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Greater impact for subsurface projects

If the initiators of subsurface projects fail to take sufficient account of the interests of other stakeholders in the surrounding area, their plans can be seriously delayed or even become impossible. TNO advises initiators on how to generate public support and achieve greater impact.

The subsurface is increasingly playing a role in solving issues relating to energy, mobility, agriculture, water management and spatial planning. Examples include underground transport, groundwater buffering, the construction of underground car parks and the harvesting of geothermal heat. These are projects whose purpose is usually undisputed, but it often takes time and effort to realise them, and in some cases they can't be realised at all. One cause of the problems is that the initiators have given too little consideration to the characteristics of the project location itself, its surrounding area and the interests of others. Hanneke Puts of TNO: "Our research shows that they are often preoccupied with understanding processes in the subsurface or with the technical aspects of the project design, and they don't appear to pay a great deal of attention to the actual project location or the stakeholders that will have to deal with the consequences."

Collaboration

'In coorperation with Erasmus University Rotterdam, AT Osborne and DCMR Rijnmond (the environmental protection agency of local and regional authorities in the Rijnmond region), and commissioned by Netherlands Centre for Soil Quality Management and Knowledge Transfer (SKB), TNO analysed over 50 projects within the SKB Programme 'Sustainable Development of the Subsurface' (SKB-DOO), with a focus on how the projects took account of the characteristics of the surrounding area and the interests involved. Puts: "We analysed quite a few situations in practice and saw that often there was only minimal cooperation with parties who are not directly involved in the project but are faced with the consequences. It's not only the physical characteristics of a location that determine what's possible and permissible, but also the people who live, work and run businesses there. If they have the impression that their interests and ambitions have not been sufficiently considered, they may dig their heels in. If you involve them, you can gain their support and realise a project with a good local fit that benefits others."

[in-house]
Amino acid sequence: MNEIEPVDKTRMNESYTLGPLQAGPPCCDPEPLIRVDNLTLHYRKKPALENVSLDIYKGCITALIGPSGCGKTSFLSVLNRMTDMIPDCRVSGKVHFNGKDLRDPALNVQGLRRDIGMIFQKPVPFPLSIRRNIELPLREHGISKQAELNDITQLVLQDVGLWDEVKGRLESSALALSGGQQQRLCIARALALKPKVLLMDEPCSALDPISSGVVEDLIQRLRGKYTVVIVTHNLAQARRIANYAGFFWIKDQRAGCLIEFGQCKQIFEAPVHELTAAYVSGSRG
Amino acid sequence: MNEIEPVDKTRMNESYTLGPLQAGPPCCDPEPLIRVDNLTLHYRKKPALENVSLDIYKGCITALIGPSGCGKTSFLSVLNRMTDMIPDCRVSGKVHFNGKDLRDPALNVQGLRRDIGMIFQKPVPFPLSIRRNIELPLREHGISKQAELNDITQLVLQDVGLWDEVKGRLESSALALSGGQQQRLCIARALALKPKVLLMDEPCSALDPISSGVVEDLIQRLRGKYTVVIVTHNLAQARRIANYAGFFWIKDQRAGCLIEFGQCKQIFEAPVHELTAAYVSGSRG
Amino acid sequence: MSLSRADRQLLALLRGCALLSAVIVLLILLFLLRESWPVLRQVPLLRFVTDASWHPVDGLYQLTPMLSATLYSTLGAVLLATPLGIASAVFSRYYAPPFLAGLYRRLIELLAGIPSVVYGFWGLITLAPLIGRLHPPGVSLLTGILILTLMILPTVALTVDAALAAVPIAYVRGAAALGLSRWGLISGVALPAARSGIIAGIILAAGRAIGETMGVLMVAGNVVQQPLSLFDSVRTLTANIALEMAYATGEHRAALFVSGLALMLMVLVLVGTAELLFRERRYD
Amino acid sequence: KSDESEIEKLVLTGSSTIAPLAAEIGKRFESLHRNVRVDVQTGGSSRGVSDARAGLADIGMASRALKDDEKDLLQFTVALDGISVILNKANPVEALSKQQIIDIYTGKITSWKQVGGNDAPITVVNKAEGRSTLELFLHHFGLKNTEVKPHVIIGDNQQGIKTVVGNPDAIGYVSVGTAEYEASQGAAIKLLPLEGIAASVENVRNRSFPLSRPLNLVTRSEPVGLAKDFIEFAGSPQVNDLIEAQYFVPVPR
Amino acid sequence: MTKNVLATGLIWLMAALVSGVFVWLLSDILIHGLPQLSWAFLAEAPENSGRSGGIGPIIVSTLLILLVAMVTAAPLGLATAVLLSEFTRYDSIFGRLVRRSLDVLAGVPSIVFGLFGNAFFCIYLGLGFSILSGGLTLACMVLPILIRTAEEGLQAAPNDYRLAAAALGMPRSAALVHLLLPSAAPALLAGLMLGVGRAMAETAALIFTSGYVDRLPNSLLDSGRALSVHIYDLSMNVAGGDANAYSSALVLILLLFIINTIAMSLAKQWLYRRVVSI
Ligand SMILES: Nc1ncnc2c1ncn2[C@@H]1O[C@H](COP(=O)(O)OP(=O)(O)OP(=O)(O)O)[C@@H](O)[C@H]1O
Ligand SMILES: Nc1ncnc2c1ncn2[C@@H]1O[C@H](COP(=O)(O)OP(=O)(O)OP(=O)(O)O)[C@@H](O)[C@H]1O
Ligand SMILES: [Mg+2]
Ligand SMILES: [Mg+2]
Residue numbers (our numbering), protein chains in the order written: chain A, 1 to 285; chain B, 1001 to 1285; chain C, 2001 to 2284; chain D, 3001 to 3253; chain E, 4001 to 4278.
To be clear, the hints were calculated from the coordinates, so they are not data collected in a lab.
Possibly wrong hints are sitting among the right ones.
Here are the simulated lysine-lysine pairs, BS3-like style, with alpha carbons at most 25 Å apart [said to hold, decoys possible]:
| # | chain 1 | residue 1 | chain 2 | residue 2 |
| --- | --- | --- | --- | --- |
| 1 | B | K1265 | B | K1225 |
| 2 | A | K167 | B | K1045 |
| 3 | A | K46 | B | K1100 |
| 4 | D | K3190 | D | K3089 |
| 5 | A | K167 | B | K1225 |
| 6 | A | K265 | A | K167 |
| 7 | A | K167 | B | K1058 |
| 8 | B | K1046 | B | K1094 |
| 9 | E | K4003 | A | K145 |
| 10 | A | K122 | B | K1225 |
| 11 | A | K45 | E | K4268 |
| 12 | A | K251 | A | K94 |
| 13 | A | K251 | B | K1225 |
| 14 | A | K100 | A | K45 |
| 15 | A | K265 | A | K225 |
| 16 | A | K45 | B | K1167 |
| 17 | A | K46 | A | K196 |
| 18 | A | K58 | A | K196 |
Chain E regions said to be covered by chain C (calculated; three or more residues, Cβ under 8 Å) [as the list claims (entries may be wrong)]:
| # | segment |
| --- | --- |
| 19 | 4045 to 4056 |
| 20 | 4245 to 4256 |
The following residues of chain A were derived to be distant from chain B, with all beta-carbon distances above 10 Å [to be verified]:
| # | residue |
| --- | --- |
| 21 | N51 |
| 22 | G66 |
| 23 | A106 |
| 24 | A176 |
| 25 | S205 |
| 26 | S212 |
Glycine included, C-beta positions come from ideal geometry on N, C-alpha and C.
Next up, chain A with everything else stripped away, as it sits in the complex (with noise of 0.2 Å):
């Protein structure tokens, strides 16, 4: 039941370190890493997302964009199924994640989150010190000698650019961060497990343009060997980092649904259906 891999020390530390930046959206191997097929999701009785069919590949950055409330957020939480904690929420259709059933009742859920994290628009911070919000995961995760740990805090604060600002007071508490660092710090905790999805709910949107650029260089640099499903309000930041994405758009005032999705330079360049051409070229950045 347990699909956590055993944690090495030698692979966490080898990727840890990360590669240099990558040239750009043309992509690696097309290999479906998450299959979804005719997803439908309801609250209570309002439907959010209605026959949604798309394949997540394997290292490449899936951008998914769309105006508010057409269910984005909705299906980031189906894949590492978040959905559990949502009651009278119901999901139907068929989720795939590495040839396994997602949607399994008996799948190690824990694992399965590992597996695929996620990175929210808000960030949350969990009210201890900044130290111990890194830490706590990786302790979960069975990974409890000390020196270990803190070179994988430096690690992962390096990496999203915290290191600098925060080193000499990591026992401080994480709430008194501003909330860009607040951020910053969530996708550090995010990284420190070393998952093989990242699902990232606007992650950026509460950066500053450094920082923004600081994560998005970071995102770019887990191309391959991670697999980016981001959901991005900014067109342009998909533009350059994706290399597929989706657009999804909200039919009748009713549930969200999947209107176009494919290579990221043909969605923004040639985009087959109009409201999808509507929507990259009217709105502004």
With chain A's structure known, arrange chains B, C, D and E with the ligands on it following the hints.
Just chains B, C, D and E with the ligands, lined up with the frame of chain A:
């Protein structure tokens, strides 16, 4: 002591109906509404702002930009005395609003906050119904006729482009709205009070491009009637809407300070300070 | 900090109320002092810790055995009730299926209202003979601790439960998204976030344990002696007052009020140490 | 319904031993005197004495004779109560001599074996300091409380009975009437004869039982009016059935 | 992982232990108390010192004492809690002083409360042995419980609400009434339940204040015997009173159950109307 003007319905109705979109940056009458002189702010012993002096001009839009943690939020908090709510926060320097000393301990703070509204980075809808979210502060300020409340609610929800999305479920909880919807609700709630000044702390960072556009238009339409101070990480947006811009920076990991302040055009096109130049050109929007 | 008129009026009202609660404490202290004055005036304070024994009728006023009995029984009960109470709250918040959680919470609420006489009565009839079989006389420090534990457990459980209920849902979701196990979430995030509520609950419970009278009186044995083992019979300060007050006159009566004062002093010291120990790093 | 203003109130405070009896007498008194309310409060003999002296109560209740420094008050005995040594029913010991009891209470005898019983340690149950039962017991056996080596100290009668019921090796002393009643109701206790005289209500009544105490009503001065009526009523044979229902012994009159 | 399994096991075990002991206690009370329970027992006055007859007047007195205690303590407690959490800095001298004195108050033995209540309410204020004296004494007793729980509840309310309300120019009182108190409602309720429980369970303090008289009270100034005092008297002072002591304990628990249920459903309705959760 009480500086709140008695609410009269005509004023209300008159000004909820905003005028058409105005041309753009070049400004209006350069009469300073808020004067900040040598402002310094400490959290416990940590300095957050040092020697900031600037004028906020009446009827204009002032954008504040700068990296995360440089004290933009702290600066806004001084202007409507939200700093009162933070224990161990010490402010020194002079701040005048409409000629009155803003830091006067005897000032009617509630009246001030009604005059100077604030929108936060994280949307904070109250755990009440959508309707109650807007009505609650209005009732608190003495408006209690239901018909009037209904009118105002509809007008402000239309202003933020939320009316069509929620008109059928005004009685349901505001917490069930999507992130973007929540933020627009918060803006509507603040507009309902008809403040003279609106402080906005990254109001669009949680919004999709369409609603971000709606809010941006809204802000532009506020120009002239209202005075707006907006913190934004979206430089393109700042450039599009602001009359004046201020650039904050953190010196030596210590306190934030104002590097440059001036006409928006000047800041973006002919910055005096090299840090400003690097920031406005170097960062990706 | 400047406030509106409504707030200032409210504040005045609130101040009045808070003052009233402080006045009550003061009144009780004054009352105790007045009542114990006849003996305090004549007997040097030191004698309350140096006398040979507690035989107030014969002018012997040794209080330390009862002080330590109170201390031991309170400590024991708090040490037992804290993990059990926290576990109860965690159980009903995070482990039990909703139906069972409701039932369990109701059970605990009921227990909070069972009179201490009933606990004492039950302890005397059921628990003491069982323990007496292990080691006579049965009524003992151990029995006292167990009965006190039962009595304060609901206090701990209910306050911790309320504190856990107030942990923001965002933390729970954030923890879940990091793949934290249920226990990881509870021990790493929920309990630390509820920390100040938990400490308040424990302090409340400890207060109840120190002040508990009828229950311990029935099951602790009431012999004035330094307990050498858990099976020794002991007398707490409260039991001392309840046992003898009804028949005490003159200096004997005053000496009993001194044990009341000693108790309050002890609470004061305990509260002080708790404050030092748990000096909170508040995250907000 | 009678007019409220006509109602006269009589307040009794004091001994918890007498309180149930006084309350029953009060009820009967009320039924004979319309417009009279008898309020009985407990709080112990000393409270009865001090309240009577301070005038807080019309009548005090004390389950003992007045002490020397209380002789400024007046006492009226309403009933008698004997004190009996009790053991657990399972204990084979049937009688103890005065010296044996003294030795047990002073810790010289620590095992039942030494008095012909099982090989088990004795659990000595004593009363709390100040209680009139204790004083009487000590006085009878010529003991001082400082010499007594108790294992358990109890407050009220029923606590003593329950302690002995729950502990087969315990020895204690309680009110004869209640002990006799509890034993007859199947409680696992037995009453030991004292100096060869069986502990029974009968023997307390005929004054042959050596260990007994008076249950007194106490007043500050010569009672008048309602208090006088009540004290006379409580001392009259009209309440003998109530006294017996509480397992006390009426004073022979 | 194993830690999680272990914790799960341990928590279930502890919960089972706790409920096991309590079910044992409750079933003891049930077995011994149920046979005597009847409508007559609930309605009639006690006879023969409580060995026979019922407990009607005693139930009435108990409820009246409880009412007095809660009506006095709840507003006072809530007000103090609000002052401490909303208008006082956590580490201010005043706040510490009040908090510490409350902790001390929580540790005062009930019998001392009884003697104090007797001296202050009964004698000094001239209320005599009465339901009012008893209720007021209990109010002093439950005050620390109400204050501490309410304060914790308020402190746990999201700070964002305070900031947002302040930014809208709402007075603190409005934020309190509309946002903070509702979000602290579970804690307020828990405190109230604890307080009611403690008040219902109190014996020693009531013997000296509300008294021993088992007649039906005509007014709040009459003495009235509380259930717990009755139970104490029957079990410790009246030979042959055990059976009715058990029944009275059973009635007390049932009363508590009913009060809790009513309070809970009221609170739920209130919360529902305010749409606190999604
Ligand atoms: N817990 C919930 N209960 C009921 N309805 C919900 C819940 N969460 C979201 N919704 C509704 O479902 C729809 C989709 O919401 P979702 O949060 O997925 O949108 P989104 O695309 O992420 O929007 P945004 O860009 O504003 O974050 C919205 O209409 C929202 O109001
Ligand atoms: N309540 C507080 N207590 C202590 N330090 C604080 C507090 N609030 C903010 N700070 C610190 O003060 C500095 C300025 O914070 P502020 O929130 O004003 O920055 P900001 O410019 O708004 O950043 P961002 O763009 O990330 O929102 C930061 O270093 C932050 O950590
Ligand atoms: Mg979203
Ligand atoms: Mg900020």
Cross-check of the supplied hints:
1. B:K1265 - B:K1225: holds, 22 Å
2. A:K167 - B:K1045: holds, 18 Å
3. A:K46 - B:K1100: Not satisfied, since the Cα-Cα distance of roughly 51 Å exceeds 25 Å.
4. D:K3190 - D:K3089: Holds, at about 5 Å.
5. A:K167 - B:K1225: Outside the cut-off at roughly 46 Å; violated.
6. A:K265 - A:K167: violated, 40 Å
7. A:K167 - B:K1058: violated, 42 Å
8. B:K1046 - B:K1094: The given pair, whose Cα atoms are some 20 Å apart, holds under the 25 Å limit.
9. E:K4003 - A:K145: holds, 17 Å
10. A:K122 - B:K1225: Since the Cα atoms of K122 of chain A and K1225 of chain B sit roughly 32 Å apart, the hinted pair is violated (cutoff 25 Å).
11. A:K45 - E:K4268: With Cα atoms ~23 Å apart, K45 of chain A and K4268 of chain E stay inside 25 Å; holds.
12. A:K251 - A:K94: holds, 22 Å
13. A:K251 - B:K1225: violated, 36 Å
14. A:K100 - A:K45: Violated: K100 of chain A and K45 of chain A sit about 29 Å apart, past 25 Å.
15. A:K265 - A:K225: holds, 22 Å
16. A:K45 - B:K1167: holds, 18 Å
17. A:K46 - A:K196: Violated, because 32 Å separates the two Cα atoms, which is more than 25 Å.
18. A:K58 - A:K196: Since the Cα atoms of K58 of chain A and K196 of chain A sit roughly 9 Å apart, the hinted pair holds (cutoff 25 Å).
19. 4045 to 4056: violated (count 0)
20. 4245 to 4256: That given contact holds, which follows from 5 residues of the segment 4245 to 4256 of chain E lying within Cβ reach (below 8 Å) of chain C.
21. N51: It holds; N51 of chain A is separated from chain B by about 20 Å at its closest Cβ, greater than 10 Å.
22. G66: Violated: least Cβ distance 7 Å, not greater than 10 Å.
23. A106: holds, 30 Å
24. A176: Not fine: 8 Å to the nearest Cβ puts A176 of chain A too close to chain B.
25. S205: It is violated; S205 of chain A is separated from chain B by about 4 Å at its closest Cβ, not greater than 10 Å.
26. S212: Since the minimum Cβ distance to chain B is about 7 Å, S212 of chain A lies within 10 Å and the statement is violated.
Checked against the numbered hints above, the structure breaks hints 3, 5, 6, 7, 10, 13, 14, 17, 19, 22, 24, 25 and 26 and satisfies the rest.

Social business case

TNO has developed 'principles for governance' that will increase the chances of initiators gaining support for their plans. Puts: 'To make these principles more practical, we developed three questions: what are the characteristics of the project area or location?, what are the interests of other relevant stakeholders?, who do I need to realise my plans? They're obvious questions, but often they're not asked, and that leads to problems. The answers to the questions enable initiators to design projects more effectively, achieve their goals and create a situation that adds value for stakeholders in the vicinity." Former Programme Manager Arno Peekel of SKB: "The analysis enriches our programme on sustainable development of the subsurface. These 'principles for governance' bring new insights through which we are better equipped to support our partners in changing and improving common practices towards a sustainable development of the subsurface." And Puts: "TNO would like to apply these principles in new situations and is happy to support initiators in developing successful projects."

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